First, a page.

MLB issues discipline for actions after Stanton beaning

Before you go, we thought you'd like these...
Before you go close icon
Stanton Hit In Face In Marlins' Loss

MILWAUKEE (AP) - Miami Marlins pitcher Anthony DeSclafani was suspended for three games and Milwaukee Brewers pitcher Mike Fiers was fined for their actions after Marlins slugger Giancarlo Stanton got hit in the face by a pitch from Fiers.

Major League Baseball announced the discipline Friday. The league said in a statement that DeSclafani's suspension and an undisclosed fine were for intentionally throwing a pitch at Milwaukee's Carlos Gomez with a warning in place in the sixth inning of Thursday's game.

Fiers received an undisclosed fine for what the league said were "his actions which contributed to the benches clearing."

Stanton sustained multiple facial fractures, dental damage and cuts that needed stitches after being struck in the fifth inning in the 4-2 loss.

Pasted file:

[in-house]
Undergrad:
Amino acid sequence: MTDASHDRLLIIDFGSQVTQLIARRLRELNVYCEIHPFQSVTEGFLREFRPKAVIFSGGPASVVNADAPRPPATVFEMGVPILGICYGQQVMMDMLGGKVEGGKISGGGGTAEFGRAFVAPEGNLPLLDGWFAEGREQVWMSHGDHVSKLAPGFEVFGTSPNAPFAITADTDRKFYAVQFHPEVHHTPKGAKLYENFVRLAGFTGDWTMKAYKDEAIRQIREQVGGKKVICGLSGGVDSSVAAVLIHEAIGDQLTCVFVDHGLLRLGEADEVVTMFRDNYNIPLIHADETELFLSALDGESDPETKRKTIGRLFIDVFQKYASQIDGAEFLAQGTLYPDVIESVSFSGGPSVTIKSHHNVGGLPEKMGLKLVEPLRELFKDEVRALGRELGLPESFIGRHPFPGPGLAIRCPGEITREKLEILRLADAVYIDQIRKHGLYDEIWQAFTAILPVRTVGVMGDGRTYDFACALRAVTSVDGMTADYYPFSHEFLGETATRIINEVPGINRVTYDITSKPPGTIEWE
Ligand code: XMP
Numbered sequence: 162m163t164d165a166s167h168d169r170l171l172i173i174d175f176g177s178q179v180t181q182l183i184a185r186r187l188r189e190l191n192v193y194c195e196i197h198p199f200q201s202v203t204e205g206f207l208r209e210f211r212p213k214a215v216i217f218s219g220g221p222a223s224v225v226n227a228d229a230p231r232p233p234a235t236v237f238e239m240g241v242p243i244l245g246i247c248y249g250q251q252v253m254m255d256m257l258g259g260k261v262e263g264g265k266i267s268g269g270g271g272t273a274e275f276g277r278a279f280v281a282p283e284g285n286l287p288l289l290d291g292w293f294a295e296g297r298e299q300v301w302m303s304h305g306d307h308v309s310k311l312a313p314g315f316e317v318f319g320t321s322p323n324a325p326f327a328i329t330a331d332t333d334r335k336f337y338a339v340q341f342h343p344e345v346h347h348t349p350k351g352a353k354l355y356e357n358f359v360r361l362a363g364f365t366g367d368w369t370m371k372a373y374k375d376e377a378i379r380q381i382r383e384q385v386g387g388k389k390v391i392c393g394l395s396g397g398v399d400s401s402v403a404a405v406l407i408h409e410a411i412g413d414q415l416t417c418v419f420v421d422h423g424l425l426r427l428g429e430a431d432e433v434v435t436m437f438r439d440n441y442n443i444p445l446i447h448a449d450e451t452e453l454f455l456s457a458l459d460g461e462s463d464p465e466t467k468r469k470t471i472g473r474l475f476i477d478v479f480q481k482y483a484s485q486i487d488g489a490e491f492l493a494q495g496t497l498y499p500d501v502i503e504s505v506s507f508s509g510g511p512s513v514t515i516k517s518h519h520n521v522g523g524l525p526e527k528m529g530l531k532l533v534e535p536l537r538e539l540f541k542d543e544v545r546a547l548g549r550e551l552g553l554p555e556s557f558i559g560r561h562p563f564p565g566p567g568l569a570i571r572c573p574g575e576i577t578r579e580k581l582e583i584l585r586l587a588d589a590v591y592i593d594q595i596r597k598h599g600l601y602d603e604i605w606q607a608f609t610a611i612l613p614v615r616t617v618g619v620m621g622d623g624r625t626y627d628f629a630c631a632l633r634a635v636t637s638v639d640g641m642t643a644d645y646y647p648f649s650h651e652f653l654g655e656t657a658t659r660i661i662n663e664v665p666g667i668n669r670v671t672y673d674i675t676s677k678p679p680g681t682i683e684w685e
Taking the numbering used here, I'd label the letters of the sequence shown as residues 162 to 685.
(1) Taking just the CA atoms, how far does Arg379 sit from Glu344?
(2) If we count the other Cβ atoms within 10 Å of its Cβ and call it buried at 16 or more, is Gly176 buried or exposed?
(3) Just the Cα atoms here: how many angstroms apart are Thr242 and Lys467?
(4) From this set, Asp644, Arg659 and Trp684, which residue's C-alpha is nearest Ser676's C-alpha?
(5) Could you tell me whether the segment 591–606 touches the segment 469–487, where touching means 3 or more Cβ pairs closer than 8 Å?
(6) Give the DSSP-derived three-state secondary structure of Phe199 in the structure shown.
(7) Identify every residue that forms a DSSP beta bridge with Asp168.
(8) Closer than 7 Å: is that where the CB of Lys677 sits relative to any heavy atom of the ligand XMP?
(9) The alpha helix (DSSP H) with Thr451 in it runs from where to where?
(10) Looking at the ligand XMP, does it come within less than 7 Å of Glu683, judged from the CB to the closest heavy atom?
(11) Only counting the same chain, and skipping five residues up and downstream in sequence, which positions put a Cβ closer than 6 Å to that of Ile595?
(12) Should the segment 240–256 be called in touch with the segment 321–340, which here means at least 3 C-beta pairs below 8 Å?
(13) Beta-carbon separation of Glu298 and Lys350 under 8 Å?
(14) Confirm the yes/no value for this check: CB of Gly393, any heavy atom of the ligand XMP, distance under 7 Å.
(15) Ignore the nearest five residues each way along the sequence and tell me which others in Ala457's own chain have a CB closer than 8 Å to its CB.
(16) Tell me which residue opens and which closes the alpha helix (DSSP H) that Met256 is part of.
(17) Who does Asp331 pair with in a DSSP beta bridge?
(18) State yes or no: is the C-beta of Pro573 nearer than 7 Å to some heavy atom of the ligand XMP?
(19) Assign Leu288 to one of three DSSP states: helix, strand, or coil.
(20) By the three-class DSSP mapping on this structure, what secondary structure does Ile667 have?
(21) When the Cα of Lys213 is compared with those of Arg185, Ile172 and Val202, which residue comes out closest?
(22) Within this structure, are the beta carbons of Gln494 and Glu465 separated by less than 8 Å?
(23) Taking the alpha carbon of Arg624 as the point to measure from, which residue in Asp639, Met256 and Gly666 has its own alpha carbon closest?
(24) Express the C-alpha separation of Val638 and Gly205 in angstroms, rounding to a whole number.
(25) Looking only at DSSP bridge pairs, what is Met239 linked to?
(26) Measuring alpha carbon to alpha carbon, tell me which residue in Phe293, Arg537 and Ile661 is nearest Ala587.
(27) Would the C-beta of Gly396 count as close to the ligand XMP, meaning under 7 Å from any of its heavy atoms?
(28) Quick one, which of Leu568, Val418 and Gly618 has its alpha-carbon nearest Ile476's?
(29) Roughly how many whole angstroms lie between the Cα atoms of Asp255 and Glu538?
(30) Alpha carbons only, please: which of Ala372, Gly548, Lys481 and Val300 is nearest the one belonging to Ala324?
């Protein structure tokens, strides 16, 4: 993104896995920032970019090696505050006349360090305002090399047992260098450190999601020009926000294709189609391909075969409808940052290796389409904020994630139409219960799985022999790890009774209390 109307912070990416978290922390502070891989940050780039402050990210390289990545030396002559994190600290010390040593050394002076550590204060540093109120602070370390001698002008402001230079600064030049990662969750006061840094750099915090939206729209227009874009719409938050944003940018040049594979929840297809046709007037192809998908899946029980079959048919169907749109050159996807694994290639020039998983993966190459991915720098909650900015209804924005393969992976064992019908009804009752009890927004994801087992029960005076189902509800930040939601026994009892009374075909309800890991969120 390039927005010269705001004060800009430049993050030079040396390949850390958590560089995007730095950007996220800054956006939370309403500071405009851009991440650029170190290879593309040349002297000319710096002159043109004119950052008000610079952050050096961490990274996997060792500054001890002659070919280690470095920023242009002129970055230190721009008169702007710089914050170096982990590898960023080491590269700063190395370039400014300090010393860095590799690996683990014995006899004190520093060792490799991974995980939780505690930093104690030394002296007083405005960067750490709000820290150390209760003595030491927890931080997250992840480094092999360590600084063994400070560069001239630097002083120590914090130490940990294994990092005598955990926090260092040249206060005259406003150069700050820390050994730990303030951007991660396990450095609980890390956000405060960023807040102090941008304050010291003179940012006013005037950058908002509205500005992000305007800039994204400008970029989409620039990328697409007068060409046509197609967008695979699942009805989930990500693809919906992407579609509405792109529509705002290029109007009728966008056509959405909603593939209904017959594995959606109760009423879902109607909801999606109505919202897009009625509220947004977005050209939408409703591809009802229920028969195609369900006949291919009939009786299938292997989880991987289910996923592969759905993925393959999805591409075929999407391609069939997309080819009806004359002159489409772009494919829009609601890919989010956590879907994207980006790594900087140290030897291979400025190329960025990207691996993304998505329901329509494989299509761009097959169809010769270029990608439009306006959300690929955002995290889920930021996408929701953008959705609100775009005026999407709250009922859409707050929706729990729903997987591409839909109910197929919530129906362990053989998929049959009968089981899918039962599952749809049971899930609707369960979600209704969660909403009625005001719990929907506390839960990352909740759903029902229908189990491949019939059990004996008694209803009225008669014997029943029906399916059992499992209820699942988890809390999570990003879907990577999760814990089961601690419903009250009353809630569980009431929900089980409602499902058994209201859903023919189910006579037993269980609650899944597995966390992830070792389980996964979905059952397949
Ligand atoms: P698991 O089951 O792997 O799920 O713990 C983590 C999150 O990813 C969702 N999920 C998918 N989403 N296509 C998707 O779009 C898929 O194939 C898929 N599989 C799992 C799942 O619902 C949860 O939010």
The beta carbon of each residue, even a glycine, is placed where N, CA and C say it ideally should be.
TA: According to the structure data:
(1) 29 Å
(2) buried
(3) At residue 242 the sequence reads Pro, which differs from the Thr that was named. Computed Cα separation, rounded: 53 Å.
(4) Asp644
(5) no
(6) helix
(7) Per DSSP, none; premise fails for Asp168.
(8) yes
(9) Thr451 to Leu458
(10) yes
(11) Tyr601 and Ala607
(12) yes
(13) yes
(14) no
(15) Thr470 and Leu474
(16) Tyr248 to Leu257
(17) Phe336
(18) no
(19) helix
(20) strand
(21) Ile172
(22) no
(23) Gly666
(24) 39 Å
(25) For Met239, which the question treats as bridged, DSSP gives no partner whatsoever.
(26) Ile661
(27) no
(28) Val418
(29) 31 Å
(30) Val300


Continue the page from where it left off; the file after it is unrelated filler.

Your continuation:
Fiers hit Reed Johnson on a hand with his next pitch, and that triggered a benches-clearing shouting match.

The suspension had been scheduled to begin Friday, when the Marlins opened a series against the Phillies in Philadelphia. However, the suspension was put on hold pending DeSclafani's appeal through the players' association.

Fiers left messages Friday for Stanton and Marlins manager Mike Redmond.

"A lot of people who know the game of baseball, understand what happened, and know me personally, know that I'm not looking to go throw at people. So it's definitely an accident and we all hope it never happens and stuff like that never happens in this game, but unfortunately it does," Fiers said before Milwaukee's game against Cincinnati.

Stanton said on Twitter earlier Friday he was "much better."

"The amount of support I have received from you guys has been tremendous & Heartfelt," Stanton said.